Another important number is the $$$ amount a breeder spends on his breeding stock. Why? Because quality has a price and breeding stock is usually much more expensive than a pet, even if they are of similar quality. 

If a breeder spends $2000 or $2500 on a dog with breeding rights, he bought it from a mill or a backyard breeder. Decent pets from decent breeders start at around $2800-3000, in many areas more. The going rate for documented quality and health is around $3200-4000. However, for this PET PRICE, NO reputable breeder will give breeding rights. A well bred Havanese with full breeding rights will cost about 50% more or come with stipulations such as a puppy back clause.  

Ask your breeder where they bought their dogs and boldly ask how much they spent on them. 

Next to the selection of breeding stock from healthy ancestors and preventive treatments for preventable diseases, food is a major factor in producing healthy pups as well as keeping your puppy healthy. 

If a breeder recommends an expensive food such as Eukanuba or Iams which are commonly rated only 3 out of 6 stars in all reputable reviews due to questionable incrediences such as by-products (often “first class” by-products, alright!), wheat, corn, artifical and possibly carcenogenous preservatives and other cheap fillers, chances are, that he has not educated himself on the very basics. 

If they use Member’s Mark from Sam’s Club and insist that it is an excellent food: check the incrediences. Sure, it is the best food they sell there and there are a large number of worse foods available at super markets as well as pet stores, but it is NOT high end. 

If they recommend NutriSource Now and portray it as an excellent food, they haven’t done much research and they stand very much alone with their opinion -to which they are entitled to- but which is not backed up by the widely acknowledged facts of what makes an excellent food. Same is true for Pride and many other “Breeder favorites”. Brewers Rice is a cheap by-product and a low quality grain, although it sounds like a decent incredient; beet pulp is a cheap filler, known to cause bloat.  

Ask your breeder what they use for their dogs and to raise the pups and then check up on the food. If they cut corners and use cheap (or expensive yet low grade) food; well, you be the judge!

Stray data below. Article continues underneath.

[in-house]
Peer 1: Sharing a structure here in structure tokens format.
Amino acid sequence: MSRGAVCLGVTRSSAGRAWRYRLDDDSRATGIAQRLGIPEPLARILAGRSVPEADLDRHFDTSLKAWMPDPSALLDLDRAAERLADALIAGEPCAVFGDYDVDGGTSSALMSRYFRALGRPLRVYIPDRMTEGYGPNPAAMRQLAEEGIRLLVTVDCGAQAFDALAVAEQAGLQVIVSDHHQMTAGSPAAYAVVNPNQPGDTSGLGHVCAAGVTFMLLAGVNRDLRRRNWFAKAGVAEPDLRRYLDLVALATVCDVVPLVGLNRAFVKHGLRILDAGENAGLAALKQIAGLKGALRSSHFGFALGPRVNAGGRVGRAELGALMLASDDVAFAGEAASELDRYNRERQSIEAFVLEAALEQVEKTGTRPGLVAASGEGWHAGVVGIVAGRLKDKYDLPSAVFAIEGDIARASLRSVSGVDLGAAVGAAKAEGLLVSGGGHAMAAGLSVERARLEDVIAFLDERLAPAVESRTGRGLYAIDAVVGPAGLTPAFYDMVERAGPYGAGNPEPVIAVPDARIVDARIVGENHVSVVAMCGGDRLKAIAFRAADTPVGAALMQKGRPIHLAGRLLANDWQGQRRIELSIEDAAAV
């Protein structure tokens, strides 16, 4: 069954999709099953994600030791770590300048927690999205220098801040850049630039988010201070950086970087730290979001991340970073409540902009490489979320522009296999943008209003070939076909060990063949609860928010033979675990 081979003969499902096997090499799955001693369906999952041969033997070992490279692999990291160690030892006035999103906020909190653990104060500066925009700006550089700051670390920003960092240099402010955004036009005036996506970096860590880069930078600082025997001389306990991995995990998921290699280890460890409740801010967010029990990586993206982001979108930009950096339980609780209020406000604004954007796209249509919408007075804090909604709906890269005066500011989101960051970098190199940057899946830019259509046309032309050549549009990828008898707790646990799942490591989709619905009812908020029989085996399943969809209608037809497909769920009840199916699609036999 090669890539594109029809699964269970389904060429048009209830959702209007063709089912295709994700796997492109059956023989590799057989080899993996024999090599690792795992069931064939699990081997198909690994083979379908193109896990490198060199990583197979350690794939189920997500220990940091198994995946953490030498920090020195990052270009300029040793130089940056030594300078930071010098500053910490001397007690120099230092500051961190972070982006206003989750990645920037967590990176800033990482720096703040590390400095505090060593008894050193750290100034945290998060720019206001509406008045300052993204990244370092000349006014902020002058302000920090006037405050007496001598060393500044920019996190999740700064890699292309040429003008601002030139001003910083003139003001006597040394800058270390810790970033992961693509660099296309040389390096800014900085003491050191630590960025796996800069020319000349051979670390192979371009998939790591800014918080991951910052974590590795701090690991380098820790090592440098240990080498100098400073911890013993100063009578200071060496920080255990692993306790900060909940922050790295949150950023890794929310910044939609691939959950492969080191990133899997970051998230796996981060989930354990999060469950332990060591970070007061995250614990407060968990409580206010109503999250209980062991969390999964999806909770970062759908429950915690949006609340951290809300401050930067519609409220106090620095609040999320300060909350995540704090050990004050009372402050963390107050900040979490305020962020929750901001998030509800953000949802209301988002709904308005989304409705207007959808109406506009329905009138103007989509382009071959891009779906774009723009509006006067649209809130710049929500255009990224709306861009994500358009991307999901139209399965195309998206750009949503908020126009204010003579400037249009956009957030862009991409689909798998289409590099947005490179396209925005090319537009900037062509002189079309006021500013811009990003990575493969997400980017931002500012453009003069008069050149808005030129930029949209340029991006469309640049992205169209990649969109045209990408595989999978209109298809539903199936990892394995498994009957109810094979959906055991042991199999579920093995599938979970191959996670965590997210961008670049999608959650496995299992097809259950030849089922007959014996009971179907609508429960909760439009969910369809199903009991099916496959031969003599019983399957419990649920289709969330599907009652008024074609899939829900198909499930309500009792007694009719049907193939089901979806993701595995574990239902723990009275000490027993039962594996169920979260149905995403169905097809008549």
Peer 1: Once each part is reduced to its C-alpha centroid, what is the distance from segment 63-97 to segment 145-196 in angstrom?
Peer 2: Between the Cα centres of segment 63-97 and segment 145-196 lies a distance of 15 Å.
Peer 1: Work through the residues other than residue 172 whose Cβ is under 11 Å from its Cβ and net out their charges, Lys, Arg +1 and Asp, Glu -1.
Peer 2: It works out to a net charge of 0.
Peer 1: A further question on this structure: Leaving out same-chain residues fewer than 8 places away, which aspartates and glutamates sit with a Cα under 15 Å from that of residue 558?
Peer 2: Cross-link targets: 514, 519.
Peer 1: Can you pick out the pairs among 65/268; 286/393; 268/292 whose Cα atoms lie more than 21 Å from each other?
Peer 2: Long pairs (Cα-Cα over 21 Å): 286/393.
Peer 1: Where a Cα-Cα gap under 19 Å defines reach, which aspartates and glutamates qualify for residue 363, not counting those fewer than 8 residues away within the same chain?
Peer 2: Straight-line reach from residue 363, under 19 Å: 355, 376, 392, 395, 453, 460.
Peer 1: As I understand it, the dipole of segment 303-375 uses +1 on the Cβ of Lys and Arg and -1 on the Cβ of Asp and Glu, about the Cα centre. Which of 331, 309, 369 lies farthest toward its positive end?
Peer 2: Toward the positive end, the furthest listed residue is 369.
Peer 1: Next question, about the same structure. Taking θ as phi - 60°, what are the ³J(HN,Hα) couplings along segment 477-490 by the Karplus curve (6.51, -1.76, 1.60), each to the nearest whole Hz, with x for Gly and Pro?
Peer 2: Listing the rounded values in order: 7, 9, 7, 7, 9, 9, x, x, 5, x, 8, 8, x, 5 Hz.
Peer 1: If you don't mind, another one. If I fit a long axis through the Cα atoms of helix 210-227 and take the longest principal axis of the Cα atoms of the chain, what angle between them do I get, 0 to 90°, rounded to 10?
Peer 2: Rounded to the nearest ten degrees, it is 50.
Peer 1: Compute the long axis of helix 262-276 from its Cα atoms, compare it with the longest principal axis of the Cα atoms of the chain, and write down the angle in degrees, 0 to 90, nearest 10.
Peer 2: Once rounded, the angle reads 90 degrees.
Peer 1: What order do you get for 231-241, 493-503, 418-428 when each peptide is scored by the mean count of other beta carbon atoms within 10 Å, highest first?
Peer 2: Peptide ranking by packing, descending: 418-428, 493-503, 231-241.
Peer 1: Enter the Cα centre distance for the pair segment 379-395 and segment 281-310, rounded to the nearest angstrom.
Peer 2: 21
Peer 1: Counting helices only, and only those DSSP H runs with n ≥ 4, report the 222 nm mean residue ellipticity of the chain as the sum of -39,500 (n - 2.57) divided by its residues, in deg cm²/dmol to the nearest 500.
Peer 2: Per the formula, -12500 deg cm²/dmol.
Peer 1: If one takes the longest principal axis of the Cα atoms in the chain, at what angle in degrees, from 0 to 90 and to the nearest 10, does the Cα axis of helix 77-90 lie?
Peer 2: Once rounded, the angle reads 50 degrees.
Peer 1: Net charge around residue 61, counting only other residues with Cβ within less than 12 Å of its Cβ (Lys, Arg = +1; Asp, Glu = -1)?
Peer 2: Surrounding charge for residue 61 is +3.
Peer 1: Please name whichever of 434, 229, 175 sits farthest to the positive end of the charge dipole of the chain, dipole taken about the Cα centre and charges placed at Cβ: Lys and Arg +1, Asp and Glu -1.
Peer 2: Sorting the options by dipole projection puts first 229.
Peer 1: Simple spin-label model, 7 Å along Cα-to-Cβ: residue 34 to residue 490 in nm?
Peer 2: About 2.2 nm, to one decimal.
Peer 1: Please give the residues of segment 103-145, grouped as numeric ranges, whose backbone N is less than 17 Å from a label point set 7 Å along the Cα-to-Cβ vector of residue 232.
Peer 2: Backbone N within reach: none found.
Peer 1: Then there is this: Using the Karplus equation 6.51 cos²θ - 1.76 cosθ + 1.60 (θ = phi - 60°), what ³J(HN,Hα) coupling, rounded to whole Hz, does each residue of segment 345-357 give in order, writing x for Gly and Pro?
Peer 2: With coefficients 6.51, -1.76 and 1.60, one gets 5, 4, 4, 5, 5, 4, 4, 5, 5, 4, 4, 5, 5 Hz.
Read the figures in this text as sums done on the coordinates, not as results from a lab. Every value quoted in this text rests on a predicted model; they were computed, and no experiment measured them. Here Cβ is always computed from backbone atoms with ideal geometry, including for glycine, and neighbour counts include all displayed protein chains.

If a breeder tells you NOT to vaccinate against Leptospirosis but does not educate you about the risks, they might just not know what the pros and cons really are. If on the other hand, they have not heard about immunization risks they are just as ignorant. 

Yes, there are risks associated with vaccinations in small breeds, especially the Lepto shots, however, the few reported fatalities in many thousands if not hundreds of thousands of vaccinated dogs may not justify the risks of the easily contractable bacterial disease which is transmittable to humans and causes irreparable damages. Besides, the allergic reaction due to the shots could have been controled and fatalities could have been avoided in most cases if treated in a timely manner. 

Ask your breeder what they know and how they feel about the issue and you will get a lot of insight into a breeder’s knowledge and an important clue about who you are dealing with. 

If a breeder tells you that they can not show you the puppies until they had their first shots you know that he’s a dilettante. A puppy is NOT safe after the first shots and a breeder is taking a calculated risk every time he shows his pups, however, the risks can be minimized and are rather miniscule unless you have, had contact with or bring along a diseased dog (or certain other animals). I suggest to get your breeder to talk about safety issues in regards to your future visit. 

By the way: a good breeder does vaccinations AT HOME. If your breeder does not give the shots himself and takes the pups to the vet at 5-8 weeks, they are taking a higher risk than they ever would by letting clients see the pups in their home environment. Guess what: a vet is a risky place to take an unprotected puppy. People with sick (and often contagious) animals go to the vet. 

A good breeder does the vaccinations at home, then goes to the vet for what should be a routine wellness exam. If a breeder does not do the puppy shots himself and goes to the vet for the shots, he is probably a bloody amateur. 

When a seasoned breeder takes the pups to the vet for the wellnes checkup, they generally do that for the buyers. If the pups have worms, a hernia, fleas, a soft spot in the cranium, weak, lose knees or a respiratory infection, the breeder already knows that. The only thing breeders usually don’t do, is listen for heart murmurs. Other than that, nothing the vet has to say will be a surprise. A few things may need to be confirmed under the microscope.